St Mary’s Boys Tattoo Saga, And How To Remove Permanent Body Art
During an individual’s heydays, aggression and vigor are normal with the feeling that anything is possible and by yourself, you can conquer the world. As the years go by, however, that state of mind fades away and life acquires a new taste and meaning. Lately, Kenyan airwaves have been running discussions on the legality and regulation of the tattoo industry in Kenya after a private school, St Mary’s Boys Secondary School suspended 10 students for tattooing their bodies.
This issue has attracted mixed feelings from the public with most people tabling the same argument that tattoos and education do not intertwine at any given point, neither does the body art affect grades and school performance. Tattooing among teenagers is mostly influenced by peer and societal pressures and most of the time the individual hardly gives the decision a second thought. For some, it is for the love of art and influential individuals such as celebrities across the world have aided the growth of such love. It is a symbol of ‘coolness’ and that of being a ‘hardcore’ to some, even though the art is a legitimate cultural practice in some communities.
Teachers and parents are now at loggerheads since the two parties hold different opinions on whether or not children should have tattoos and still retain their admission in school bearing the ink. You see, tattoos go beyond school and social popularity, for instance, government jobs and other high profile ones have been known to reject tattoos especially if it is not based on cultural practices.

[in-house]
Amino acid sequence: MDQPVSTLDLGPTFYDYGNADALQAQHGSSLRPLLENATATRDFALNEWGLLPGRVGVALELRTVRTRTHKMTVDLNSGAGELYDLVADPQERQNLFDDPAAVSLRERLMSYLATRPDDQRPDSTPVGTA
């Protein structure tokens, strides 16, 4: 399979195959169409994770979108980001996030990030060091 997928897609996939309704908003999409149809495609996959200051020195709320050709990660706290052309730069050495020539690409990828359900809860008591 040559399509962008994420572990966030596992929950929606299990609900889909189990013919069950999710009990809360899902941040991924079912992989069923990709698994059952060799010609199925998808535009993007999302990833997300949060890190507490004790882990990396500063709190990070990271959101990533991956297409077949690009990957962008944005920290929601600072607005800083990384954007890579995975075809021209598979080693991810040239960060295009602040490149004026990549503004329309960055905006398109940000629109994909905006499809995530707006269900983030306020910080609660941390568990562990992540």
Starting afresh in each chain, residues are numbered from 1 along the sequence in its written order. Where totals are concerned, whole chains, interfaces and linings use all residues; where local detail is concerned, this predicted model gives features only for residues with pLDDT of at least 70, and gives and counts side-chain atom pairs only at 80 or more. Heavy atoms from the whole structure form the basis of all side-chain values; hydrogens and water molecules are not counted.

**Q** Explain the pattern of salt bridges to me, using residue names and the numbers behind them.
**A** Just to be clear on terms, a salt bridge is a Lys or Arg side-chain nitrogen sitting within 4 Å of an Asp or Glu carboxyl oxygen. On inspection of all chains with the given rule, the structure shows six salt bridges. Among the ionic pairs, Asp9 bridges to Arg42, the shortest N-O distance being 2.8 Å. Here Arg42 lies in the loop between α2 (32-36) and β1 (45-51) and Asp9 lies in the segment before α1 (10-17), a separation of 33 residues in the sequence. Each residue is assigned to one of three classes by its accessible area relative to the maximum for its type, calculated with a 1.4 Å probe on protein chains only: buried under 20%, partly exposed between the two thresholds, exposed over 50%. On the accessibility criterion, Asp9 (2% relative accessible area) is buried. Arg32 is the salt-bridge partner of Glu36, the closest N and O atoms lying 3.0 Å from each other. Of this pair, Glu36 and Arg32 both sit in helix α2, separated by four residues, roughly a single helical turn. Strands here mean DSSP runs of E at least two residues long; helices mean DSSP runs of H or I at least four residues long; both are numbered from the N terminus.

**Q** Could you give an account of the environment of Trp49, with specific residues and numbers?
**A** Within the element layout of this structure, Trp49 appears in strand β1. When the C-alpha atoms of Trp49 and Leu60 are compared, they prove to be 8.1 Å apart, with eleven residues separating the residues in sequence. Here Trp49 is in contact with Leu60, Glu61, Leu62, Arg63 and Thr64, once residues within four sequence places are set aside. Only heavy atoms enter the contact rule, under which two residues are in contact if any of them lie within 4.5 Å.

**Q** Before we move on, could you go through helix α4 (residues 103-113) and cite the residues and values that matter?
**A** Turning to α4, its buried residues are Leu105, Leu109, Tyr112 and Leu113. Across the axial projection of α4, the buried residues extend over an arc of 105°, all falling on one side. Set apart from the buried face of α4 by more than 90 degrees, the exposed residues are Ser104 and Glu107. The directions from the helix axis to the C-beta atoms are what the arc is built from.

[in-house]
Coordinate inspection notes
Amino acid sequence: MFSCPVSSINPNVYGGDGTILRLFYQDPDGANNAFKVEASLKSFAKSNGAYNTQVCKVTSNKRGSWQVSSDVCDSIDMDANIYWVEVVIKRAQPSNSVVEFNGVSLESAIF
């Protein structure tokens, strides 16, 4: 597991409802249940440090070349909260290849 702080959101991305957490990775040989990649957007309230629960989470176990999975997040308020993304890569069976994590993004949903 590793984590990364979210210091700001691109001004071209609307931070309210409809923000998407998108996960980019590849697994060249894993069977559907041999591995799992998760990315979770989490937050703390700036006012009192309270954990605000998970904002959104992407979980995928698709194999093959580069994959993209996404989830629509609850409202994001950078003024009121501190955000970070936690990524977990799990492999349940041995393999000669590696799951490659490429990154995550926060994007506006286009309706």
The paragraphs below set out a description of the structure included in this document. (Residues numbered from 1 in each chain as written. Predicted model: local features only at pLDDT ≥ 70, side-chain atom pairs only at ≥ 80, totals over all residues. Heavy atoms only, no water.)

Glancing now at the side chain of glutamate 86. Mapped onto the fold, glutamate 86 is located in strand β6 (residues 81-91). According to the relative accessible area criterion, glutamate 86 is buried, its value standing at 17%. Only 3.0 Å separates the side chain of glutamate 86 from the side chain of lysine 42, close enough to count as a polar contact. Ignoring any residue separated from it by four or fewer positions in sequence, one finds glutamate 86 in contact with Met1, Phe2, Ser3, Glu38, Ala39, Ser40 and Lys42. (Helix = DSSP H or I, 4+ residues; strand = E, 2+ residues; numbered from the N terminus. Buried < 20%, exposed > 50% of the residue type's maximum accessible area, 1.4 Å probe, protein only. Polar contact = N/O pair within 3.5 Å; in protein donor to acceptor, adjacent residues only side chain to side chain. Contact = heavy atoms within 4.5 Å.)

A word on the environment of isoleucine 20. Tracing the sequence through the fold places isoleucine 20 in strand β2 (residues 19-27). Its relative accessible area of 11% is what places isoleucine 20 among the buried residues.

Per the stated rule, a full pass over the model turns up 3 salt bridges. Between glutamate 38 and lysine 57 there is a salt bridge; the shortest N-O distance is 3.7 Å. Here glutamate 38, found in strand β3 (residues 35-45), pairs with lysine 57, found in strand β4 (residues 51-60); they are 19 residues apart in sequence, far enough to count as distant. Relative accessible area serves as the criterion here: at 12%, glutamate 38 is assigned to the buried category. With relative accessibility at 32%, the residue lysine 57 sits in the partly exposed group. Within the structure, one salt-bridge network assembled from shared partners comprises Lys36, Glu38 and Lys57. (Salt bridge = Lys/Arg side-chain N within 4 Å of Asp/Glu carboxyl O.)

The school in question, St. Mary’s Boys Secondary has put its foot down emphasizing that the students will have no place in the school if they do not remove the permanent tattoos off their bodies. As a parent, this decision presents two options; to transfer their children to other schools or pay a handsome amount for tattoo removal. Eradication of such body art is possible, however, it can be painful and it is quite costly of course depending on the skin type, and the size and color of your tattoo. Unfortunately, tattoo removal is not a one-day business and in this case, for the students to resume school with no tattoos visible, they will have to take quite some time out of class.
Ways to remove a tattoo
You will need to visit a medical professional who will use lasers on your skin to destroy the ink on your skin. This method removes tattoos by breaking up the pigment colors with a high-intensity light beam during which the tattoo pigment is expected to absorb laser wavelengths. The pigment then breaks down, after which the body carries it away. It could take up to 10 treatments with healing in between for it to clear and even then, you may incur swelling, blisters or bleeding. Since this is a cosmetic procedure, most insurance covers hardly pay for this.
Surgery in most cases applies to small tattoos, a medical professional uses a scalpel to cleanly cut the tattoo out after numbing your skin using local anesthesia. After the procedure, the professional then stitches your skin back together. Large tattoos can also be removed using the procedure but the patient here will have to undergo skin grafting, where the doctor takes a piece of skin from elsewhere on your body and applies it to the area the tattoo is removed. Both procedures need extra care using prescribed ointment and drugs.
This is also a surgical method involving a medical grinding tool used to remove the outer layers of the skin, controllably. The ink is leached out by using a rotary tool with a sanding head to wear down the skin. It is harsh compared to other methods but it only needs a single treatment although costly. Dermabrasion only takes 2 to 3 weeks to heal.